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Capital Structure and Its Product Market Determinants

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Asia-Pacific Business Review
Vol. VI, No. 2, April - June 2010 pp. 41-49, ISSN: 0973-2470

Capital Structure and Product Market Determinants: Empirical Evidence from the Indian Automobile Industry
Himanshu Joshi
This paper provides insights into the way in which the capital structure is determined by product market determinants, research and development activity and profitability. This paper is an attempt to test relevance of empirical evidences found in matured markets to the Indian market condition. Automobile industry is taken up for the study because of its oligopoly nature and easy availability of product prices. Some of the results are very different from the similar studies conducted in the advanced economies. It is found that the firms in the same industry can have different capital structures and there is a negative correlation between the profitability and capital structure of the companies. Interestingly, no correlation is found between R&D expenses and capital structure of the company. It was also concluded that no extra market power is attained because of high leverage. Keywords: Capital Structure, Product Market, Market Structure, Profitability, Market Power, Capital Expenditure

Introduction
Capital structure refers to the way a corporation finances its assets through some combination of equity, debt, or hybrid securities. A firm’s capital structure is thus, the composition or ‘structure’ of its liabilities. The modern theory of capital structure began with the celebrated paper of Modigliani and Miller (1958). Their paper paved way for the development of alternative theories by showing under what conditions capital structure is irrelevant. The alternative theories include agency cost theory, Asymmetric information theory, Product/input market interactions theory, corporate control considerations theory and the tax incentive theory. All these theories have been subjected to extensive empirical testing in the context of developed countries, particularly USA. A few studies report international comparison of capital structure determinants. Similar studies have been conducted in emerging markets of South East Asia that provide evidence on capital structure and its determinants. (Pandey, 2001; Annuar and Shamsher, 1993; Ariff, 1998). The recent focus of the researches on capital structure has been on the interaction between capital structure and product market structure. Brander and Lewis (1986), Bolton and Scharfstein (1990), Maksimovic (1988), and Ravid (1988) offer theoretical framework for linkage between capital structure and market structure. Phillips (1995) provides surveys of the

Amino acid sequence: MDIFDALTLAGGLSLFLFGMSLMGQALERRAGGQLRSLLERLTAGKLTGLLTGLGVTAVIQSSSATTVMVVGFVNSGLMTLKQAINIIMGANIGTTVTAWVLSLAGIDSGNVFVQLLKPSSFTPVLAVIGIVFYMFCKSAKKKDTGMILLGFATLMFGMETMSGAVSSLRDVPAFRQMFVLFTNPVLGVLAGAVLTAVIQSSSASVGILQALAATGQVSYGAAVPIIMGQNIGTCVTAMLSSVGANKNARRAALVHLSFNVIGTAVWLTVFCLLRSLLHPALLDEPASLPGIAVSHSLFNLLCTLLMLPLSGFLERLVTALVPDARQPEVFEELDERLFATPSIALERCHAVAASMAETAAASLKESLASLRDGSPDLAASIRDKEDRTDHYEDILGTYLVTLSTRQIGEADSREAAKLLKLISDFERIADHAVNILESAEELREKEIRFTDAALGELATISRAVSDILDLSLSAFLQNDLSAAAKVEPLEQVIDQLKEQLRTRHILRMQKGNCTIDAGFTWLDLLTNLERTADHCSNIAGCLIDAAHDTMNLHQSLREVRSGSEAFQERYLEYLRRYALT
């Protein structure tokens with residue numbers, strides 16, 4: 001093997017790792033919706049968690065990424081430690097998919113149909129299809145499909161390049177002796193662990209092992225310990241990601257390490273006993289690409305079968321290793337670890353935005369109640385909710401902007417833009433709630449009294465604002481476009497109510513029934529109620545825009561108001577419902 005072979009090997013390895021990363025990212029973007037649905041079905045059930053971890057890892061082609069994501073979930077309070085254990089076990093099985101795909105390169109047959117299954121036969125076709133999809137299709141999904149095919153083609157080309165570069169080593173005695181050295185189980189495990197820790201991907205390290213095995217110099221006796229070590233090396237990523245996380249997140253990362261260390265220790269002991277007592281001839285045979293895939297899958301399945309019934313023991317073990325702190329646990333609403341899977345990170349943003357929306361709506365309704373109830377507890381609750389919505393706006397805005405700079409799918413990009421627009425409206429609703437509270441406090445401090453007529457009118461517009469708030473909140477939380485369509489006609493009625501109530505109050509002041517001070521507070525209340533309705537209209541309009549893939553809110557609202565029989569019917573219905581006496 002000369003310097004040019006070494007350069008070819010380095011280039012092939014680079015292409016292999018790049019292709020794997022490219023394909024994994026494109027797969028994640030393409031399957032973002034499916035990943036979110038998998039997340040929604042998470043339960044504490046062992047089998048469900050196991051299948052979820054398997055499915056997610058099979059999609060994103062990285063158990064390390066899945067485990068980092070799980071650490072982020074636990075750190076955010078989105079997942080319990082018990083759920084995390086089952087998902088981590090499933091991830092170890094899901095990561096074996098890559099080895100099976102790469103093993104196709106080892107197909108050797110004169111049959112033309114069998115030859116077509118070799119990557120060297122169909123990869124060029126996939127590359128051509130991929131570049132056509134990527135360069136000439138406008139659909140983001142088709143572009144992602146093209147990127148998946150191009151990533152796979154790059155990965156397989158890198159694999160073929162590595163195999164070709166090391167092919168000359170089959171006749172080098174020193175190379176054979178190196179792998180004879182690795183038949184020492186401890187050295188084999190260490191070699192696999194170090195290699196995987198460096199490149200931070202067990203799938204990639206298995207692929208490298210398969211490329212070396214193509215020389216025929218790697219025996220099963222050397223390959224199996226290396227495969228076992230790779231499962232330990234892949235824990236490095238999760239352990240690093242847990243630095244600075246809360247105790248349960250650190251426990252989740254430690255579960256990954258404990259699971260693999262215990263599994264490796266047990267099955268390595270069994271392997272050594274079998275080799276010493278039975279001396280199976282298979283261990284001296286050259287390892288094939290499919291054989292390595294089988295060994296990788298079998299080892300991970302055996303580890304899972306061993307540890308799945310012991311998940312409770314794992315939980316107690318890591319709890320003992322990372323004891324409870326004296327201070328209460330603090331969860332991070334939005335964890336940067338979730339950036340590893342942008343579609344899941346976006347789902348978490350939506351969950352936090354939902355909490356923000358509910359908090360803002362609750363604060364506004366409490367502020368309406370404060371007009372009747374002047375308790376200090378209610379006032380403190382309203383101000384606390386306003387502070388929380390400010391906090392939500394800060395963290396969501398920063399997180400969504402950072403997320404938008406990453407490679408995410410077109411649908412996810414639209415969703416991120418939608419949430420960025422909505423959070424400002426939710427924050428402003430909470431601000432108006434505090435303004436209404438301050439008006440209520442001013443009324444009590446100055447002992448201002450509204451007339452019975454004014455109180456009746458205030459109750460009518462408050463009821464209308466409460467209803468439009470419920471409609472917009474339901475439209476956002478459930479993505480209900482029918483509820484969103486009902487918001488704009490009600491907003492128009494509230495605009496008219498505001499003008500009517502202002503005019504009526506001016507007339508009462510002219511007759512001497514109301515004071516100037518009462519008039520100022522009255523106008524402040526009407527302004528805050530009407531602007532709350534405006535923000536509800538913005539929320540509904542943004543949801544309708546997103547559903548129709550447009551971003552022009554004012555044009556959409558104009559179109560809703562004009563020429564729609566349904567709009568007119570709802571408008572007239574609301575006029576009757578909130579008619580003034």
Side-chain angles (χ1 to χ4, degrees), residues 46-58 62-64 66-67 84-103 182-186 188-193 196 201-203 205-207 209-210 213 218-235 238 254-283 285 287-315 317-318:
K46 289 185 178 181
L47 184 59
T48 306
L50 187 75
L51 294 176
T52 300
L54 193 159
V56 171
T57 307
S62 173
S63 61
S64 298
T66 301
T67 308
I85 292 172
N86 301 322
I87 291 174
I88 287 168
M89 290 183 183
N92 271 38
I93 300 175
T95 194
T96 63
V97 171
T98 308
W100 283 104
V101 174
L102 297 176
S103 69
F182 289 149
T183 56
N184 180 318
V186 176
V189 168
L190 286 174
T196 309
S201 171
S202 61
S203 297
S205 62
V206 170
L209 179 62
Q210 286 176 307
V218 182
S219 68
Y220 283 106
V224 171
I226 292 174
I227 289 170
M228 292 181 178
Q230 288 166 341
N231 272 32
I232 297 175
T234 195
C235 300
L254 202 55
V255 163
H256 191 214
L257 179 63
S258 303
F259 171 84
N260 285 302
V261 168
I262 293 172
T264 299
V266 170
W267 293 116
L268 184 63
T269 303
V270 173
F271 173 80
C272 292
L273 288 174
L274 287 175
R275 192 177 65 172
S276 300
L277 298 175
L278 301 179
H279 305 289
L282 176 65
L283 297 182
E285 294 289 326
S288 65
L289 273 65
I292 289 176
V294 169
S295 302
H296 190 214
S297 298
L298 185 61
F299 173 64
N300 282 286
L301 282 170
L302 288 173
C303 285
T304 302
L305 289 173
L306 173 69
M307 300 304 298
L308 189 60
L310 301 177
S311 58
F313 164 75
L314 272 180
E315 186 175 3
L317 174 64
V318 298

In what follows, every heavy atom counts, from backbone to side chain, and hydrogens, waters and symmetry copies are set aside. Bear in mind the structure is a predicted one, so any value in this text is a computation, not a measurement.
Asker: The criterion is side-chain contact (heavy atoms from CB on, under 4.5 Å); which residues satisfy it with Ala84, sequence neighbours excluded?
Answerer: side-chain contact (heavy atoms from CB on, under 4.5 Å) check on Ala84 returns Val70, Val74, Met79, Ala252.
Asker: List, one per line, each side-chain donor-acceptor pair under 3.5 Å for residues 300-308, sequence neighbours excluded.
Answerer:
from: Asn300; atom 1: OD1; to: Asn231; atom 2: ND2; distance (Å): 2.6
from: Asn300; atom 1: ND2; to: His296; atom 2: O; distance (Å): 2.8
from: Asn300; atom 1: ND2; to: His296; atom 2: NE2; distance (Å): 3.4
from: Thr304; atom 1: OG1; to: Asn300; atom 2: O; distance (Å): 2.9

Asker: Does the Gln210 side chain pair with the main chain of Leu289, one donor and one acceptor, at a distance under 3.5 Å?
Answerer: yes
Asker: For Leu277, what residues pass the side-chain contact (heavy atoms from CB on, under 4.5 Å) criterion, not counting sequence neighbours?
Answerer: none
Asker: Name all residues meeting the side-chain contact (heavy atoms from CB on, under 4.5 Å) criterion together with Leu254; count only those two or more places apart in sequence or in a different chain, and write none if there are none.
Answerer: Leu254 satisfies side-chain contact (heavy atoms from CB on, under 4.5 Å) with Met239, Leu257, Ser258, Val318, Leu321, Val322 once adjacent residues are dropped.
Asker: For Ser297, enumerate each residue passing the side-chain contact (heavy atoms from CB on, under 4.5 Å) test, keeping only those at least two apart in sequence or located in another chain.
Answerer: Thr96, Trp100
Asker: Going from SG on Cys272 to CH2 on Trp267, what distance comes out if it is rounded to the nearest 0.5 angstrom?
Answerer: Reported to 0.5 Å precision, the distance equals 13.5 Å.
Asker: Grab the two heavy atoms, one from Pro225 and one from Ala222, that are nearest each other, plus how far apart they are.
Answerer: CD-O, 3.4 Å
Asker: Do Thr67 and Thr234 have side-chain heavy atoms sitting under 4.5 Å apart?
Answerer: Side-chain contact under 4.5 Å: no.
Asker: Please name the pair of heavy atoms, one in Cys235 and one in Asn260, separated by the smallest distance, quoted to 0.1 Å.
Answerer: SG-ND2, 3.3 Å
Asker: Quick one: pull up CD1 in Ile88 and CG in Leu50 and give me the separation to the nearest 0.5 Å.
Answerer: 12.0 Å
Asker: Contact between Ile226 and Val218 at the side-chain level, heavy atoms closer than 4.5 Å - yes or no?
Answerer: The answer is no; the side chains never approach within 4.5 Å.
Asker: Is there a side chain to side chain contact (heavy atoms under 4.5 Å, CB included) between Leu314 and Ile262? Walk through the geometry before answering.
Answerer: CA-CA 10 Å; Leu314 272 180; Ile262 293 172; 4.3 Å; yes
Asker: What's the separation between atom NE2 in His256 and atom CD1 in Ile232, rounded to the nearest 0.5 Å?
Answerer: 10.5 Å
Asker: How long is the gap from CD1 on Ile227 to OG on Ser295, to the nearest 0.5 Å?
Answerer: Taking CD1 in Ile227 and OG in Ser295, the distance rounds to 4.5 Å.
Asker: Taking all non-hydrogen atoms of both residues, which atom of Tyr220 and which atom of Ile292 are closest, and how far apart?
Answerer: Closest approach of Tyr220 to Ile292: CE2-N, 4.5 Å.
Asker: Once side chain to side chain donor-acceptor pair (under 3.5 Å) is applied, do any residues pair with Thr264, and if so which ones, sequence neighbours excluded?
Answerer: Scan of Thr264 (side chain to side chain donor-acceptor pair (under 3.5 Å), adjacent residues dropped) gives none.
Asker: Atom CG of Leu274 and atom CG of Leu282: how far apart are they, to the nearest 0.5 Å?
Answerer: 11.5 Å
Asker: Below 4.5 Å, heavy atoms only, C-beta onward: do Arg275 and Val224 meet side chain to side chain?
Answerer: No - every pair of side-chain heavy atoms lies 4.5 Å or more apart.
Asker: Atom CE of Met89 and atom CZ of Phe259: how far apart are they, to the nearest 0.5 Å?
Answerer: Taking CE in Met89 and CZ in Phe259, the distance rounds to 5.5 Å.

theoretical and empirical relationship between capital structure and market structure. Chevalier (1993), and Phillips (1995) investigated the empirical relation between capital structure and market structure for US Companies. Rathinasamy, Krishnaswamy and Mantripragada (2000) conducted similar study in the international context using data from 47 countries. Predicted cubic relationship between capital structure and market power and tested it for Malaysia. Present study is an attempt to find out the relevance of capital structure and product market power interaction evidences in the Indian context. This paper tried to answer few important questions: Do Firms in the same industry have same capital structures? Is this the case that more leverage would lead to aggressive production and create Market power to the firm? Do highly leveraged firms tend to indulge in more research and development activities? Empirical studies are conducted to find the relation between variables like Profitability, R&D and sales expenses with Debt- Equity ratio in case of Indian Automobile Industry. Auto mobile industry is chosen because of its oligopoly nature and easy availability of product prices. Some of the results are very different from the similar studies conducted in the developed economies. It is found out that Firms in the same industry can have different capital structures and there is negative correlation between the Profitability and Debt-Equity ratio of the companies. Interestingly no correlation is

Fore School of Management, B – 18 Qutab Institutional Area, New Delhi – 110016, India E-mail: himjoshin@rediffmail.com

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found in R&D expense with Debt-Equity ratio of the company.

Theoretical Framework